The British government has been putting it about for some time that Theresa May was planning to appeal above the head of the EU's Brexit negotiator, Michel Barnier, to her fellow heads of government. The idea has apparently been to reach beyond the so-called European Commission bureaucrats and appeal directly to her fellow politicians. Although it is entirely appropriate for the prime minister to speak directly to other prime ministers, the notion of bypassing the EU's negotiator was always destined to fail. It was, as the joke goes, like crime in a multi-storey car park. Wrong on so many different levels.
The strategy reached its intended height at the recent informal EU heads of government in Salzburg. May was afforded the opportunity to present her most recent thinking on Brexit to her colleagues over dinner. They listened courteously and probably with some sympathy for her domestic political travails. That was it. May also had some useful bilateral meetings in Salzburg, including with Taoiseach Leo Varadkar. The EU 27 then reaffirmed their full backing for Barnier. No surprise for anyone.
Nevertheless, on her flight back to London, May might have wondered briefly why her pleadings had not led to any watering-down of the EU’s negotiating position.
The most obvious reason is that Barnier’s mandate comes from the heads of government themselves. He is doing precisely what they have made clear they want him to do. He is carrying out their wishes calmly and effectively. The process of formulating the EU’s position on Brexit has from the beginning been exceptionally open and intensive.
All member states have had the opportunity to shape the EU’s overall strategy and detailed negotiating approach. In addition to the European Council itself, the member states meet very frequently with Barnier and his task force in the General Affairs Council, in the Committee of Permanent Representatives and at the article 50 committee. Each member state also meets the commission team frequently on a bilateral basis. These meetings ensure that Barnier is aware of every evolving nuance in each capital, and above all in Dublin.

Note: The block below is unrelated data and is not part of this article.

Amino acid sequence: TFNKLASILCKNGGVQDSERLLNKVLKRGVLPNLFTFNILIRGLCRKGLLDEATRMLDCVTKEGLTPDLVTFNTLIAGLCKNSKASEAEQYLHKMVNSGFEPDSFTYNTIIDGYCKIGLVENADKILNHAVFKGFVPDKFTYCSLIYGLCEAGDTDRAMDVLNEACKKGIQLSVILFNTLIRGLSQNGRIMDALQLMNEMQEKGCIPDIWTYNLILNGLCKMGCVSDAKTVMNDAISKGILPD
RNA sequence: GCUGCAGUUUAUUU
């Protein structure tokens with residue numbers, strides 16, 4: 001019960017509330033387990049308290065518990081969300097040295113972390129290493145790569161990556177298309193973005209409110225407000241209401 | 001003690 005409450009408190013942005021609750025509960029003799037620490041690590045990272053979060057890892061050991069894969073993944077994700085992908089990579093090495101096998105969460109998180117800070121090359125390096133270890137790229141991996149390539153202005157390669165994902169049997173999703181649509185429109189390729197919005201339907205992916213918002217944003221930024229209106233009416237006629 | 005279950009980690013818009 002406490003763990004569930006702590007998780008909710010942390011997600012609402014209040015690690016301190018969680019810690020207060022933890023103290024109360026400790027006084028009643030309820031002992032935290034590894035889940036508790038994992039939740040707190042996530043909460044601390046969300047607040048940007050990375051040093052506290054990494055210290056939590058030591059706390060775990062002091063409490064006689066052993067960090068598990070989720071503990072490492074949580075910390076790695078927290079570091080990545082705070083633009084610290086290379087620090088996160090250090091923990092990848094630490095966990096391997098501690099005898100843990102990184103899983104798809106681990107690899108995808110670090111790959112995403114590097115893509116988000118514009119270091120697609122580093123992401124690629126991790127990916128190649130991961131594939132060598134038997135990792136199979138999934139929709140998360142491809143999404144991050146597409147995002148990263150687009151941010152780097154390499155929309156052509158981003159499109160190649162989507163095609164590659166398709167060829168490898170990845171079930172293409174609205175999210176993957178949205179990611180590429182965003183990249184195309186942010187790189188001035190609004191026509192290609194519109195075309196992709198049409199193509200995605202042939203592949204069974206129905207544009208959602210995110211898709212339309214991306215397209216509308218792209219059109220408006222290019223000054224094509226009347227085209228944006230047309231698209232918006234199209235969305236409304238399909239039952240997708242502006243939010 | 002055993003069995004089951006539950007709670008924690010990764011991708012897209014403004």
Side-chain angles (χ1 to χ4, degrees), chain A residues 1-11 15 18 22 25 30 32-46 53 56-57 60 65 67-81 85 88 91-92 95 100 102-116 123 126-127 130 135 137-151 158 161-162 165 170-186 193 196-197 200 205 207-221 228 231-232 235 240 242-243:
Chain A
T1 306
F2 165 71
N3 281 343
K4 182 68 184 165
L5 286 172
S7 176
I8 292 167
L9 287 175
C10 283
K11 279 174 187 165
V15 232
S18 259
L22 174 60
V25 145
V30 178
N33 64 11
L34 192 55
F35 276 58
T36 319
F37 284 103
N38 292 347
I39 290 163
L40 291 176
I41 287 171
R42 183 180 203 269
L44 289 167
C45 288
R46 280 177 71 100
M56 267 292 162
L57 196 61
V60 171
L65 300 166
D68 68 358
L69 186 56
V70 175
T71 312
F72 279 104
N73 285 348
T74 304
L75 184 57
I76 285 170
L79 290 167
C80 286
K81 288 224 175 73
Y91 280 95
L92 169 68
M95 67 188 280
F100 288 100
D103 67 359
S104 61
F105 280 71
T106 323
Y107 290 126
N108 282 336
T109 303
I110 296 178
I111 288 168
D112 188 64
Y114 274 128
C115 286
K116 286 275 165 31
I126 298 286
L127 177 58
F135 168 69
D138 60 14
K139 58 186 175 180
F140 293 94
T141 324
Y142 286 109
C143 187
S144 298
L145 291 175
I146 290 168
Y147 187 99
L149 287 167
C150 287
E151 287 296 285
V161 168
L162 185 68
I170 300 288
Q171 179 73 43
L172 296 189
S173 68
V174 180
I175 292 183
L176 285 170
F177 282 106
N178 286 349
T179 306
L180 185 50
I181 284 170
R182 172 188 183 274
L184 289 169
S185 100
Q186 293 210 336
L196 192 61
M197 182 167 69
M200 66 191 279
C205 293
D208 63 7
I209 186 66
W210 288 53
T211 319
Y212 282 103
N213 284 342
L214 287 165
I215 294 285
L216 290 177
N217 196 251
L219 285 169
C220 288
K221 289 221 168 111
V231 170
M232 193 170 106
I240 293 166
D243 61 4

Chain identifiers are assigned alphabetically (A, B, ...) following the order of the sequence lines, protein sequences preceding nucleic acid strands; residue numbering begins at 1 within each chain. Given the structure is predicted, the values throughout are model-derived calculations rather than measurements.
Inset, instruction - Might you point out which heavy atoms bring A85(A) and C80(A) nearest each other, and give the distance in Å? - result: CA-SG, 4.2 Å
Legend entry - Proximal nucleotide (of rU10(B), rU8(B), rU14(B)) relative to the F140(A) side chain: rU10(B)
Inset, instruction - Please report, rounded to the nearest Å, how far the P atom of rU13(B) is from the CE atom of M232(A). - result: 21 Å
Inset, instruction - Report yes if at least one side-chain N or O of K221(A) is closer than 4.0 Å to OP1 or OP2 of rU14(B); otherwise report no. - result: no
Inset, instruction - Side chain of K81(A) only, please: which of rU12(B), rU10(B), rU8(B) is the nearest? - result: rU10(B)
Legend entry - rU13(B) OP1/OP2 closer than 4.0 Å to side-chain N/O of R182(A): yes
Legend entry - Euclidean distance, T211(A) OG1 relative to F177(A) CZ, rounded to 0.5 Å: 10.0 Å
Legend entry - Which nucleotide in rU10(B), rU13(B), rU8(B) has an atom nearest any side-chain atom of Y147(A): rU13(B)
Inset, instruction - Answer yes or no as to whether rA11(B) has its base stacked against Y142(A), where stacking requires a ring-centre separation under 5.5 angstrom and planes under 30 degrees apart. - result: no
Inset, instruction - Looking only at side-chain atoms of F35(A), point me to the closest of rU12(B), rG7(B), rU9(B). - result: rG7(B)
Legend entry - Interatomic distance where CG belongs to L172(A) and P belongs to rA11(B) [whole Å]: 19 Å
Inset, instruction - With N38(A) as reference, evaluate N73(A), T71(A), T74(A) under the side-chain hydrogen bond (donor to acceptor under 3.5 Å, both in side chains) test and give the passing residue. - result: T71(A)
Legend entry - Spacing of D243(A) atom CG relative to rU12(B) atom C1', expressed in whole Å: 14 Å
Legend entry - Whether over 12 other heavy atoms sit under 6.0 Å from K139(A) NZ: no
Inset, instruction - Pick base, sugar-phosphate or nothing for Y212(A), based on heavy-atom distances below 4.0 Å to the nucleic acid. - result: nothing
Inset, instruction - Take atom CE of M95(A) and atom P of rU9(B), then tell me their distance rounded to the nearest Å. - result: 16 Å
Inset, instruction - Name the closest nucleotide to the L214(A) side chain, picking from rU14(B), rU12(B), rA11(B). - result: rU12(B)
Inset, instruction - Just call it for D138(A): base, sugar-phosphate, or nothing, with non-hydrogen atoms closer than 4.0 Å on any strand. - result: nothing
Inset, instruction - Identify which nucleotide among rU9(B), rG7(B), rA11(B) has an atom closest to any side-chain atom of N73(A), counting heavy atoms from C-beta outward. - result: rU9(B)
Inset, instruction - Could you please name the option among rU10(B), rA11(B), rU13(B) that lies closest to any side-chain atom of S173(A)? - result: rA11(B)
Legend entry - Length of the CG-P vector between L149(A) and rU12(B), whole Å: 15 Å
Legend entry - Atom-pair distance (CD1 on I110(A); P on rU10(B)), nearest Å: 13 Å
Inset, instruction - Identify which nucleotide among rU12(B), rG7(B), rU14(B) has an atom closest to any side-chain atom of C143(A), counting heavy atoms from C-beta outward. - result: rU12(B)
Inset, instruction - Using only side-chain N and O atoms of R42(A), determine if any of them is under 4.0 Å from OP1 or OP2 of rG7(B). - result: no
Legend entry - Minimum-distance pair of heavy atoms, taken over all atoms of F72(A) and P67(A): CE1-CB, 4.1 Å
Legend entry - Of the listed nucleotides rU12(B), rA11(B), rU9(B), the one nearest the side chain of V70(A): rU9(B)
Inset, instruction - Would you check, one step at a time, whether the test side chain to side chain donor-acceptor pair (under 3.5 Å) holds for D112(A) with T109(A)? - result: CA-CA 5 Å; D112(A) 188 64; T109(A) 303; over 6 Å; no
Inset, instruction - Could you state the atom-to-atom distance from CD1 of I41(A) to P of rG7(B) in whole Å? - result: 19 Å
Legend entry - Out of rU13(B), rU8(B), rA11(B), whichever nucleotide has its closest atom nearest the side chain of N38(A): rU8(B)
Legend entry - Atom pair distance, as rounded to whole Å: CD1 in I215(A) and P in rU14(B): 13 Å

Another reason why May should not be surprised that her words failed to lead to any breakthrough in Salzburg is that the UK’s partners were, of course, already intimately aware of the UK’s negotiating positions. Those positions have been reported faithfully and in detail to other member states after every negotiating session between British and European negotiators. Moreover, the UK has been working hard to make known its views directly in capitals around Europe, including at political level. Their arguments naturally receive a polite hearing wherever they go. However, any impact of such visits will already have been fed by member states into the EU’s overall negotiating approach in advance of Salzburg through the open channels available to them. Incidentally, an issue on which partners are particularly well briefed is the Belfast Agreement. The subtleties and complexities of Northern Ireland are very well understood around European capitals.
To the extent that EU governments have not been convinced by British negotiating positions, it has precisely nothing to do with getting access to the right interlocutors. It is simply that the British views have not been sufficiently convincing. No more, no less.
Experienced British officials know all of this well. The UK used to understand the EU’s decision-making processes better than anyone. It was therefore able to exert exceptional influence in the EU until the decision to leave. One hopes that some of those British officials are still speaking up and being listened to in London.
There are probably many reasons for the contrived fiction about bypassing Barnier. For a start it is difficult for anyone to accept that their arguments are simply not gaining traction. It also feeds comfortably into the British tabloid narrative about Brussels bureaucracy. The fiction seeks to shift the focus from the British red lines, which define the limits of a solution but are apparently sacrosanct, towards the EU’s stance in defence of its basic principles, which it suits some to portray as inflexible.
Moreover, the nonsense about Brussels bureaucrats helps the British government to argue domestically that a solution would be at hand if only the right people would engage. It helps to keep alive the illusion that the German and French business cavalry are about to appear on the horizon, riding to the UK’s rescue, although it is clear that the cavalry are sitting comfortably back at base camp.
I hope a reasonable agreement can be found in the Brexit negotiations. That would be in everyone’s interests. Ireland, as one of the most affected member states, will certainly work to that end. However, the UK’s search for workable compromises means the ongoing painful slog of engaging with the EU’s negotiators rather than deluding itself that better ones can be found.
Bobby McDonagh is a former Irish ambassador to the UK, Italy and the EU